By Luisella Alfonsina. Home Plan. Published at Saturday, January 06th, 2018 - 18:26:25 PM.
Cass Community Social Services had certain criteria in mind for their tiny homes. We looked for comfortable, livable homes and wanted variety in our plans, Fowler says. Distinctive character was important as well. “We were drawn to one-story homes with ample porches or decks and wanted at least one ‘standout feature’ in each house,” such as the metal roof on one house, and the stained-glass window in another. “We like a flood of light, so we wanted many windows on most or all of the walls,” Fowler adds. CCSS also wanted relatively accessible floor plans ranging from 250-425 square feet. Each tiny home features a kitchen, bathroom and bedroom.
Location, Location Changing your floor plan options. While you can change your floor plan in the future, remember you can’t change the location. With this in mind, don’t make the mistake of falling in love with a floor plan and forgetting about the property and surroundings of your home. If you fall in love with the layout of a master bedroom in floor plan, but don’t like how it looks out over the street in the model home – chances are your home in your location will have a totally different aesthetic, view and therefore feel different. Remember when choosing a floor plan; ensure the interiors will fit with your location.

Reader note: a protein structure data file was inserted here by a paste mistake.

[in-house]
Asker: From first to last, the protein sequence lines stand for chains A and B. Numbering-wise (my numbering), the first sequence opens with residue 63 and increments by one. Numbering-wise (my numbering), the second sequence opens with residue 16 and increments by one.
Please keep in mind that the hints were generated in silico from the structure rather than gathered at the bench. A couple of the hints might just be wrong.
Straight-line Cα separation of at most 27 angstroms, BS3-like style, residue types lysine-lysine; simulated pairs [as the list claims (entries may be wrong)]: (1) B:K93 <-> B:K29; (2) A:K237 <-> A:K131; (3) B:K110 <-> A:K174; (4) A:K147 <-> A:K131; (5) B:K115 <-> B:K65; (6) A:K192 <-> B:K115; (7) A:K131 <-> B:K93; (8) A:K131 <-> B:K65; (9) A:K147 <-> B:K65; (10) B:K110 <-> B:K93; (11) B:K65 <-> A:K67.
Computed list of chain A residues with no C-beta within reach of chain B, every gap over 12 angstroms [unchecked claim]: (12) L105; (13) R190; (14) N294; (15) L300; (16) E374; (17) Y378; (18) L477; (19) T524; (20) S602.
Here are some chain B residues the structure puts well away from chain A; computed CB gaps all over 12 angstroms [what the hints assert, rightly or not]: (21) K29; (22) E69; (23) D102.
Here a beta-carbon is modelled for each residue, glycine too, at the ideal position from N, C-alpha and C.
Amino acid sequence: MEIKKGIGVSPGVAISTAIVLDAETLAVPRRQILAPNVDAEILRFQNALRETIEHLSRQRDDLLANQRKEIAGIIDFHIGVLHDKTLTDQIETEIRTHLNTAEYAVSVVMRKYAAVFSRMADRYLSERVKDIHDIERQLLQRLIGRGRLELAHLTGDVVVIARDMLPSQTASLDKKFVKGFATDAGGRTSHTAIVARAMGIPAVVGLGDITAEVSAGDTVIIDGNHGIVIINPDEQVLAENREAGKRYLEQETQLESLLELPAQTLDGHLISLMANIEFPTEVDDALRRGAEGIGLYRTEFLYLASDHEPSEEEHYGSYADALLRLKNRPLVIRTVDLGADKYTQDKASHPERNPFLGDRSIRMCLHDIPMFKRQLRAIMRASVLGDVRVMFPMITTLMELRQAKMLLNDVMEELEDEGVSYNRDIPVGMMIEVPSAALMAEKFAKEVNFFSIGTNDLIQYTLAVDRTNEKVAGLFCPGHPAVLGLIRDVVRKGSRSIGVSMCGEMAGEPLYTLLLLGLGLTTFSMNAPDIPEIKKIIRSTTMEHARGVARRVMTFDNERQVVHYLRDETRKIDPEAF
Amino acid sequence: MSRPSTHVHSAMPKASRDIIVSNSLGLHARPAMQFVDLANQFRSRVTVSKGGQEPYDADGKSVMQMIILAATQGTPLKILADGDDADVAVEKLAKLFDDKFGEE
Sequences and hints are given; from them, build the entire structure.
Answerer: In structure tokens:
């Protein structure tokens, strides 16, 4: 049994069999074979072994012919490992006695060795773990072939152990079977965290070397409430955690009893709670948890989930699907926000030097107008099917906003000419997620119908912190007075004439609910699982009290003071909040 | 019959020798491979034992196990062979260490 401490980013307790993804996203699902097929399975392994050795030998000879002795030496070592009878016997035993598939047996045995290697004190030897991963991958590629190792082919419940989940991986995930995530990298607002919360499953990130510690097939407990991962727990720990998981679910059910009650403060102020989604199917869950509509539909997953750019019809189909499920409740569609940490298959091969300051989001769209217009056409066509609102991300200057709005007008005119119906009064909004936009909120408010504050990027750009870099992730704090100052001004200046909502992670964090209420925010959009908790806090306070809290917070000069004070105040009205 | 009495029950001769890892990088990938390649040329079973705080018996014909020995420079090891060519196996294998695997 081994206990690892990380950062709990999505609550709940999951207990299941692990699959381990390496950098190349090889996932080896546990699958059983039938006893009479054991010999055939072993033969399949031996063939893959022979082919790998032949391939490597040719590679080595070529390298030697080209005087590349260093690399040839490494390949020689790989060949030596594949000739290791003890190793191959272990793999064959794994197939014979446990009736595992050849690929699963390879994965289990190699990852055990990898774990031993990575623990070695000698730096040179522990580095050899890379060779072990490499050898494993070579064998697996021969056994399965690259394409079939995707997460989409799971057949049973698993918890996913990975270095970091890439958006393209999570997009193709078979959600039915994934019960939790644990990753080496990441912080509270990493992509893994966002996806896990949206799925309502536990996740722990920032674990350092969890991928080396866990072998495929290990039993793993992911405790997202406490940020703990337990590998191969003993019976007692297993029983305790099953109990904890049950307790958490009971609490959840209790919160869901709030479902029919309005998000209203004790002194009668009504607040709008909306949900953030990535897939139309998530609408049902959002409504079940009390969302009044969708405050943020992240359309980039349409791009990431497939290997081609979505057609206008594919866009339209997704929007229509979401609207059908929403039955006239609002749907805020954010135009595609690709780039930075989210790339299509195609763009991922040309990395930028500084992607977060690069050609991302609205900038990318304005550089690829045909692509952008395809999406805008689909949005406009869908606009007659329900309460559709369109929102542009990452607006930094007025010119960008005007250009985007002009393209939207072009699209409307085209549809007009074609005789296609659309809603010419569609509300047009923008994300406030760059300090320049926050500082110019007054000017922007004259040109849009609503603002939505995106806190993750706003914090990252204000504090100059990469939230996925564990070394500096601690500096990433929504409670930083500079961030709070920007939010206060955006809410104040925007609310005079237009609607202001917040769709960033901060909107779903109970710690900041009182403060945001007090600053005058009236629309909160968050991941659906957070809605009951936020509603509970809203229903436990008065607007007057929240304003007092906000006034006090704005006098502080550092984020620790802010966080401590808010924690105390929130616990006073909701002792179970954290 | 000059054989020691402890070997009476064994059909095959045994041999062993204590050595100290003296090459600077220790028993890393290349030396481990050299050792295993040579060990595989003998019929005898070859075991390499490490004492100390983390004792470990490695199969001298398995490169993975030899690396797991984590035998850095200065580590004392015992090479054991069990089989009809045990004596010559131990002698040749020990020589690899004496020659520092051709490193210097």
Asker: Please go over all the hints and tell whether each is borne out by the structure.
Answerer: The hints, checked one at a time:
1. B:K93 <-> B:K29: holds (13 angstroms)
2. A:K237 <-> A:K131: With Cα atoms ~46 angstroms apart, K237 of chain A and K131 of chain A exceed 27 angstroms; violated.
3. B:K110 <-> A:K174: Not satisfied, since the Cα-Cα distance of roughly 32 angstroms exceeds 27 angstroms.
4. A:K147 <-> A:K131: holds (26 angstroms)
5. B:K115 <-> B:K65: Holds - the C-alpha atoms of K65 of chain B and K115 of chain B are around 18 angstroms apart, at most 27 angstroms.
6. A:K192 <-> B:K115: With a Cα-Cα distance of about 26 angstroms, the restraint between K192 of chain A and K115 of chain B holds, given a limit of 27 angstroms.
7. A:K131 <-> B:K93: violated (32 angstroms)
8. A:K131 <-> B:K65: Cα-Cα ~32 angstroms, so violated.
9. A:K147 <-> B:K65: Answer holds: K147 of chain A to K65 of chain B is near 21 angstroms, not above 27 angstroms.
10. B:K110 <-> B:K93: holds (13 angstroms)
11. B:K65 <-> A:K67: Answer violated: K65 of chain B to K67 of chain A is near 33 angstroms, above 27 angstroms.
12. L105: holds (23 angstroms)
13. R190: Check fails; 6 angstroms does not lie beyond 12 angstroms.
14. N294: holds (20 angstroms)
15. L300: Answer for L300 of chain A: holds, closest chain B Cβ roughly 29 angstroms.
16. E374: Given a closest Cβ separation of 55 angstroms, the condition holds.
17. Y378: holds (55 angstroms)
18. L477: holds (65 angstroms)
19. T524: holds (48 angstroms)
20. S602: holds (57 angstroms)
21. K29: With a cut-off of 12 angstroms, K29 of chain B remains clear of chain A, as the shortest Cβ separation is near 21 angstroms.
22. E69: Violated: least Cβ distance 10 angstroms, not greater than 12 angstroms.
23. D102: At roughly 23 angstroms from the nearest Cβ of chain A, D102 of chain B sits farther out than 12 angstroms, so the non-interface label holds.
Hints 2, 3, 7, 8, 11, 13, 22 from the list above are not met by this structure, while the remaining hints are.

Homes currently under construction include Plan 915-7, a cozy 310-square foot cottage with an appealing front stoop and a front bump-out with several antique-style paned windows; Plan 915-10, a cute 356-square-foot, shingled bungalow with a neighborly front porch, an open feeling and lots of light; Plan 890-2, a 320-square-foot modern-style cottage with an inviting front porch, an L-shaped kitchenette and clerestory windows for added light; and Plan 915-3, a charming, classic American clapboard cottage with a welcoming front porch, plenty of tall windows and a fireplace.
To keep costs down on his kitchen he ordered cabinets and had them fully assembled prior to shipment. He says it costs more to hire someone to assemble the cabinets than to buy them already put together. Instead of buying a slab of granite, he purchased granite squares for $4/$5 per square foot. The kitchen counter ended up being roughly $200 in addition to the cost of labor to lay the tiles.
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